‘We Don’t Want the Euro,’ Says Czech Tycoon Poised to Be Premier

Updated on
  • Billionaire Babis says he aims to lead next government
  • Euro ‘is bankrupt,’ Babis says; ‘It’s about our sovereignity’

Is the Euro Doomed?

The Czech Republic won’t be joining the euro anytime soon, if the billionaire who’s poised to be the country’s next prime minister has anything to do with it.

Andrej Babis, who claims he helped inspire French President Emmanuel Macron’s En Marche! movement, is on track to win Czech general elections in October. But while Macron wants to speed European Union integration, work with Germany to solve the bloc’s migrant crisis, and shore up the euro, Babis wants the opposite. His resistance to join the currency union echoes policies of the country’s previous governments.

“No euro. I don’t want the euro. We don’t want the euro here,” Babis said Friday in an interview on the sidelines of the reSITE cities conference in Prague. “Everybody knows it’s bankrupt. It’s about our sovereignty. I want the Czech koruna, and an independent central bank. I don’t want another issue that Brussels would be meddling with.”

Babis was fired as finance minister last month in a conflict-of-interest dispute tied to his agriculture, chemicals and media empire that’s estimated by Forbes to top $3 billion. Despite the dismissal, voter support for his junior-ruling ANO party has surged on his pledge to run the country like a business after years of what he calls corrupt and inept management. The Slovak-born 62-year-old insists he’s a centrist and rejects political labels, although he echoes nearby EU naysayers such as Hungary’s Viktor Orban who oppose refugee quotas and ceding sovereignty.

ANO would win almost a third of the vote if ballots were cast now, up from 28 percent in April, according to a survey last week by the Stem pollster. The Social Democrats, with whom ANO rules in a three-party coalition government, fell into third place with 11 percent, behind the Communist Party.

Babis isn’t alone in shunning the euro. While five countries from ex-communist eastern Europe have joined since 2004, consecutive Czech governments have refused to set a date and, according to a 2016 Eurobarometer survey, 72 percent of Czechs want to keep the koruna. The Czech currency has gained more than 20 percent against the euro since the country joined the EU in 2004. It appreciated 3 percent from the start of the year and traded 26.265 per euro as of 8:19 a.m. in Prague on Monday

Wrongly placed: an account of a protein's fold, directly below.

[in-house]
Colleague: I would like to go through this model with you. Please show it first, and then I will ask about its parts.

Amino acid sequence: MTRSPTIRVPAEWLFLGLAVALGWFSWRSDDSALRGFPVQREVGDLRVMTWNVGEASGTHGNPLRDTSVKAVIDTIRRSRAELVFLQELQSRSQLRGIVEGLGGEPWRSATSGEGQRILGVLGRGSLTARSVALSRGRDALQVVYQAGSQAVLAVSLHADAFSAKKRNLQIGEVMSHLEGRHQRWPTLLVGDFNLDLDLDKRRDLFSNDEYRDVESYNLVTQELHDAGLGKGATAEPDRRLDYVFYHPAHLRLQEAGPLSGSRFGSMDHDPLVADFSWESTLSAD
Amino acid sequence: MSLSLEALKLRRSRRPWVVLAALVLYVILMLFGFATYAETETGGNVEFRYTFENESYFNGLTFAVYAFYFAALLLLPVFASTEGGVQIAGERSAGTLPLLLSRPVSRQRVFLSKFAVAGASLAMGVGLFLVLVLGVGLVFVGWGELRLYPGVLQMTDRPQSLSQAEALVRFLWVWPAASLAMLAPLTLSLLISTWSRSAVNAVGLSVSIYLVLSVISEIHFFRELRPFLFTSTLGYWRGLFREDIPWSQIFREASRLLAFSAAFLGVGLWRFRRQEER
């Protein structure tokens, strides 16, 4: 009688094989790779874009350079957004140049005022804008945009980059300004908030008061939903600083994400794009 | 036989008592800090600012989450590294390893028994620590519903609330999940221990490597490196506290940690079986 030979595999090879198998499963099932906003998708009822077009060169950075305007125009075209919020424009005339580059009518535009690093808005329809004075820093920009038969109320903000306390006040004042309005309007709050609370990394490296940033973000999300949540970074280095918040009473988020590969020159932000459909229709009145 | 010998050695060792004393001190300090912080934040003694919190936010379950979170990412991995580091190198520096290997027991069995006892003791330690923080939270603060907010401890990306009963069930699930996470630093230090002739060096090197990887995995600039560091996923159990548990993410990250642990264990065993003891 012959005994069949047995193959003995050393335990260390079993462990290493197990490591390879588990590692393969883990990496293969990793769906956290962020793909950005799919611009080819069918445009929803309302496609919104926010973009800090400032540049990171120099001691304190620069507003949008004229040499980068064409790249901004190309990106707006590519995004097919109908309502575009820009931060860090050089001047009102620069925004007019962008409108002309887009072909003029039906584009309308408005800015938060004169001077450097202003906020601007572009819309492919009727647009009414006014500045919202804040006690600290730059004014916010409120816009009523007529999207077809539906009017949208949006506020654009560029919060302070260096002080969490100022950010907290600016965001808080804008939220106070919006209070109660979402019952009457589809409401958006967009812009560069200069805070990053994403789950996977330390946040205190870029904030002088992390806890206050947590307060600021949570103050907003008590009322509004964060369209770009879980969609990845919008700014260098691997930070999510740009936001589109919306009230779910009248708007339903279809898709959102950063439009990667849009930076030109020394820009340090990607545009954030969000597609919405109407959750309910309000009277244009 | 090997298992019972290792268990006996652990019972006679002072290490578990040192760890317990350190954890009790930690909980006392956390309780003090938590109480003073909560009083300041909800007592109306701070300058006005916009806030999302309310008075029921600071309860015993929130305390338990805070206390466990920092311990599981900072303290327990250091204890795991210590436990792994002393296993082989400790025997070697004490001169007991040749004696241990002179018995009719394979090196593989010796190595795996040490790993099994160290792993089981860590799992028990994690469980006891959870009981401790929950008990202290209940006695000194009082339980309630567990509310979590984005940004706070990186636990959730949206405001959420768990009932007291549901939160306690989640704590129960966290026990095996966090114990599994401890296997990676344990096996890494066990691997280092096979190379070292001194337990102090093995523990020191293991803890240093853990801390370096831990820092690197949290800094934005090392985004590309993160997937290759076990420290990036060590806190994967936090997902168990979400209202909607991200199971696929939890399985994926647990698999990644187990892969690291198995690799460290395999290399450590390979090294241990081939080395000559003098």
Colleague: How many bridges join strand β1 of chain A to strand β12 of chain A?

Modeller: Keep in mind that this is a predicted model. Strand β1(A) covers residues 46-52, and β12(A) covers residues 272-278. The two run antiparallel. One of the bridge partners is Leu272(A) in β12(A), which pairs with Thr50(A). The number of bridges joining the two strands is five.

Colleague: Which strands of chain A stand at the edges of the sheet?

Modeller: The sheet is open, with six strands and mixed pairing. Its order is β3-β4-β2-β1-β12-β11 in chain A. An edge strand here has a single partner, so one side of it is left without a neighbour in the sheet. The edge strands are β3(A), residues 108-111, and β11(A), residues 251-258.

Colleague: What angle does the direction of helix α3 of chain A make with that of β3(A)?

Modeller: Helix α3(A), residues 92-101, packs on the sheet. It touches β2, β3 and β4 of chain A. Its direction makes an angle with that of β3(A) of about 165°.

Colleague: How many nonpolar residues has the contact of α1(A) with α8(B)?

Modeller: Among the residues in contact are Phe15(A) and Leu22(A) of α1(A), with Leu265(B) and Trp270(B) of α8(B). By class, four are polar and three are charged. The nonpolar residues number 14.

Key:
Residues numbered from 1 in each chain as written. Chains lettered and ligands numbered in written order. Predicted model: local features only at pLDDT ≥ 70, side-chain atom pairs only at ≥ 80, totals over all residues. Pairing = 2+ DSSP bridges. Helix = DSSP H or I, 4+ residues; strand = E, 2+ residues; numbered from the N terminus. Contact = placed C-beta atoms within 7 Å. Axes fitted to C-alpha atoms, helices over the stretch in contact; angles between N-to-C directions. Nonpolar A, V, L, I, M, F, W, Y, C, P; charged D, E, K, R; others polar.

French Connection

Babis, who owns La Paloma, a restaurant with two Michelin stars in the French Riviera town of Mougins, said he met with Macron in February 2016 along with France’s richest man, Bernard Arnault.

“He asked me about my movement,” Babis said. When asked if he served as an inspiration for the new French president, Babis replied: ‘Yes. Macron followed me.”

Babis said he plans to cut the government’s administrative costs, stop people from “being parasites” in the social-benefit system, and fight for Czech interests abroad. He’s ready to work with any political party, except the Communists and the conservative TOP-09, part of a government that collapsed in 2010. 

While he oversaw a fiscal surplus last year -- a first for the country of 10.6 million people -- he said a balanced budget isn’t “a mantra.” He pledged to cut taxes and didn’t object to borrowing to bring “growth, higher wages, higher gross domestic product, higher spending.”

‘Our Culture’

“The biggest added value of the European Union is the national identity of each country,” said Babis. “A strong Europe thanks to strong states -- that’s logical, no?”

He rejected criticism from the European Commission, which has launched infringement procedures against the Czechs, Hungarians and Poles for refusing to comply with an EU plan to shelter refugees. While German Chancellor Angela Merkel has championed an open-door policy, many eastern EU countries refuse to house arrivals.

“We have to fight for what our ancestors built here,” Babis said. “If there will be more Muslims than Belgians in Brussels, that’s their problem. I don’t want that here. They won’t be telling us who should live here.”

(Updates with koruna in sixth parargraph.)
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